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Arquivos de Neuro-Psiquiatria

Print version ISSN 0004-282XOn-line version ISSN 1678-4227

Arq. Neuro-Psiquiatr. vol.75 no.11 São Paulo Nov. 2017

http://dx.doi.org/10.1590/0004-282x20170166 

Editorial

Progression of spinocerebellar ataxia type 2. What do we need to know?

Progressão da ataxia espinocerebelar tipo 2. O que precisamos saber?

Henrique Ballalai Ferraz1 

1Universidade Federal de São Paulo, Escola Paulista de Medicina, Univerdade de Distúrbios do Movimento, São Paulo SP Brasil

Spinocerebellar ataxia type 2 (SCA2) is one of the most common autosomal dominant cerebellar ataxias, accounting for 15% of cases within families1. It is caused by abnormal CAG expansions in the ATXN2 gene and may affect individuals worldwide. Symptomatology is a consequence of both cerebellar and extra-cerebellar structure degenerations including pons, basal ganglia and cerebral cortex. It is a progressive disorder leading mainly to motor symptoms involving abnormal cerebellar function. It can also produce Parkinsonism, oculomotor disturbances, pyramidal signs, lower motor neuron involvement, cognitive decline and muscular cramps2.

Despite being an incurable condition, some of the clinical features may be controlled with antiparkinsonian drugs, baclofen (spasticity), mexiletine and magnesium (cramps), among others. Physiotherapy and speech therapy could also help improve the motor symptoms and dysphagia2. Future neuroprotective drugs are in the horizon, but until now no proven efficacious therapy is available. A reduction of ataxin-2 expression by the anti-sense oligonucleotide (ASO) therapy can be a promising future therapeutic approach for the disease. This ASO has been tested in SCA2 mouse models and improved motor performance and Purkinje cells firing rate of the animals3. In recent years, many therapeutic attempts have been developed to repair or replace the abnormal protein generated by the genetic mutation. However, few of them were actually successful. We do not know yet whether gene therapy or drugs acting on molecular mechanisms will be the mainstream treatment of neurogenetic diseases in the future.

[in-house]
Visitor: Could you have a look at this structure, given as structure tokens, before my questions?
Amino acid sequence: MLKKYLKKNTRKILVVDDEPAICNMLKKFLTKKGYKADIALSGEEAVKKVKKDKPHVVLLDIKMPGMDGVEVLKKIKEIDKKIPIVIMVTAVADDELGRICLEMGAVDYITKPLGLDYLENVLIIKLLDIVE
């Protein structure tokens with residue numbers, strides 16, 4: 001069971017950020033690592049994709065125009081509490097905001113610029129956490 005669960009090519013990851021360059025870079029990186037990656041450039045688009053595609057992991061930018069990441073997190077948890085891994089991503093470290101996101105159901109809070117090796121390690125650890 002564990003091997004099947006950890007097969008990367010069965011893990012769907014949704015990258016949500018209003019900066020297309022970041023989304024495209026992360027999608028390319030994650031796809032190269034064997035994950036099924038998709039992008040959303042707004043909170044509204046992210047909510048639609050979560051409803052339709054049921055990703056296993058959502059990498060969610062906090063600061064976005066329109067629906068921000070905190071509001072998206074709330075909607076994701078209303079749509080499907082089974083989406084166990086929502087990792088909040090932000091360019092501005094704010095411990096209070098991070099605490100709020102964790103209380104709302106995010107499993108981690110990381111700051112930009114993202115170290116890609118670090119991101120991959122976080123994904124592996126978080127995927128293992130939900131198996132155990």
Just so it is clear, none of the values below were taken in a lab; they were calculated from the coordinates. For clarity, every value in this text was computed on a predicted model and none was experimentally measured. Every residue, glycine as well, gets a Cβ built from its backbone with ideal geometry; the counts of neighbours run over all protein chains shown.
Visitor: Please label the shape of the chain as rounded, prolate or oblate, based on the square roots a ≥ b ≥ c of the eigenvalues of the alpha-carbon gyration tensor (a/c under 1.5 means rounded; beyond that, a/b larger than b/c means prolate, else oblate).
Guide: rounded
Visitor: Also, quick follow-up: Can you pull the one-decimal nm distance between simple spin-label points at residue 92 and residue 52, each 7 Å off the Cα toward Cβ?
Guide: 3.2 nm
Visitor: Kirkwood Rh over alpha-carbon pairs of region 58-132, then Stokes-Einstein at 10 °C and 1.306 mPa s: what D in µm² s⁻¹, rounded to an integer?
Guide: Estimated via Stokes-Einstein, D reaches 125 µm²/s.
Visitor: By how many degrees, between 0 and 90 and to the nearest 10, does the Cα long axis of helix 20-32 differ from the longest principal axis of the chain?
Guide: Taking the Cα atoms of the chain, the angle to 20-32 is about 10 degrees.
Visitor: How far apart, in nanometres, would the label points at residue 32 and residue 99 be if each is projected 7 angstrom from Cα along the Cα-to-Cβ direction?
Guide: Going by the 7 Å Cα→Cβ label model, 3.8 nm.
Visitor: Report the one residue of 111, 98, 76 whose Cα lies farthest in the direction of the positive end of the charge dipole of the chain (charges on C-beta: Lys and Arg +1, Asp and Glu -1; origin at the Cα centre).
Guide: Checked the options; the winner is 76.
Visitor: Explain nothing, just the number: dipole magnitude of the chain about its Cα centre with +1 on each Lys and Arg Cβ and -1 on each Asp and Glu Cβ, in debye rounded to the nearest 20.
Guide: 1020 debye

Researchers need to know the rate of progression of SCA2 and all the other degenerative ataxias to reliably test some of the emerging future treatments. Amarante el al., in the current issue of Arquivos de Neuro-Psiquiatria, analyze 16 SCA2 Brazilian patients, correlating disease duration with severity of motor symptoms, balance impairment and functionality4. As expected for progressive diseases, they found that the longer the duration of the disease the greater the severity of symptoms and the impairment of balance and functionality of the patients. For instance, the one-year duration of the disease corresponded to a 0.8 increase in the severity scale, a 1.38 decrease in the functionality scale, and a 2.30 decrease in the Berg balance scale4. Unfortunately, Amarante et all.4 did not design a prospective study to evaluate the progression of the disease. This could have helped to have a more accurate understanding of how SCA2 progresses and what we could expect of a future protective treatment.

We are still waiting for effective treatments for most of the degenerative neurological diseases, including all genetic ataxias. However, first we need to know how these diseases progress. On the other hand, only a large number of subjects and a longer period of treatment will allow the recognition of the real benefit of forthcoming therapies. As an alternative to clinical measures, advanced MRI techniques may be a reliable biomarker to track disease progression from the preclinical phase to the onset of ataxia5.

References

1. Antenora A, Rinaldi C, Roca A, Pane C, Lieto M, Saccà Fet al. The multiple faces of spinocerebellar ataxia type 2. Ann Clin Transl Neurol. 2017;4(9):687-95. https://doi.org/10.1002/acn3.437Links ]

2. Velázquez-Pérez LC, Rodríguez-Labrada R, Fernandez-Ruiz J. Spinocerebellar ataxia type 2: clinicogenetic aspects, mechanistic insights, and management approaches. Front Neurol. 2017;8:472. https://doi.org/10.3389/fneur.2017.00472Links ]

3. Scoles DR, Meera P, Schneider MD, Paul S, Dansithong W, Figueroa KP et al. Antisense oligonucleotide therapy for spinocerebellar ataxia type 2. Nature. 2017;544(7650):362-6. https://doi.org/10.1038/nature22044Links ]

4. Amarante TRP, Takeda SYM, Teive HAG, Zonta MB. Impact of disease duration on functional status of patients with spinocerebellar ataxia type 2. Arq Neuropsiquiatr. 2017;75(1 1):773-77. https://doi.org/10.1590/0004-282X20170146Links ]

5. Sarro L, Nanetti L, Castaldi A, Mariotti C. Monitoring disease progression in spinocerebellar ataxias: implications for treatment and clinical research. Expert Rev Neurother. 2017;17(9):919-31. https://doi.org/10.1080/14737175.2017.1364628Links ]

Received: October 17, 2017; Accepted: October 24, 2017

Correspondence: Henrique Ballalai Ferraz; Rua Pedro Toledo, 650 / 1° andar; 04039002 São Paulo SP, Brasil; E-mail: henrique_ferraz@uol.com.br

Conflict of interest:

There is no conflict of interest to declare.

Creative Commons License This is an Open Access article distributed under the terms of the Creative Commons Attribution License, which permits unrestricted use, distribution, and reproduction in any medium, provided the original work is properly cited.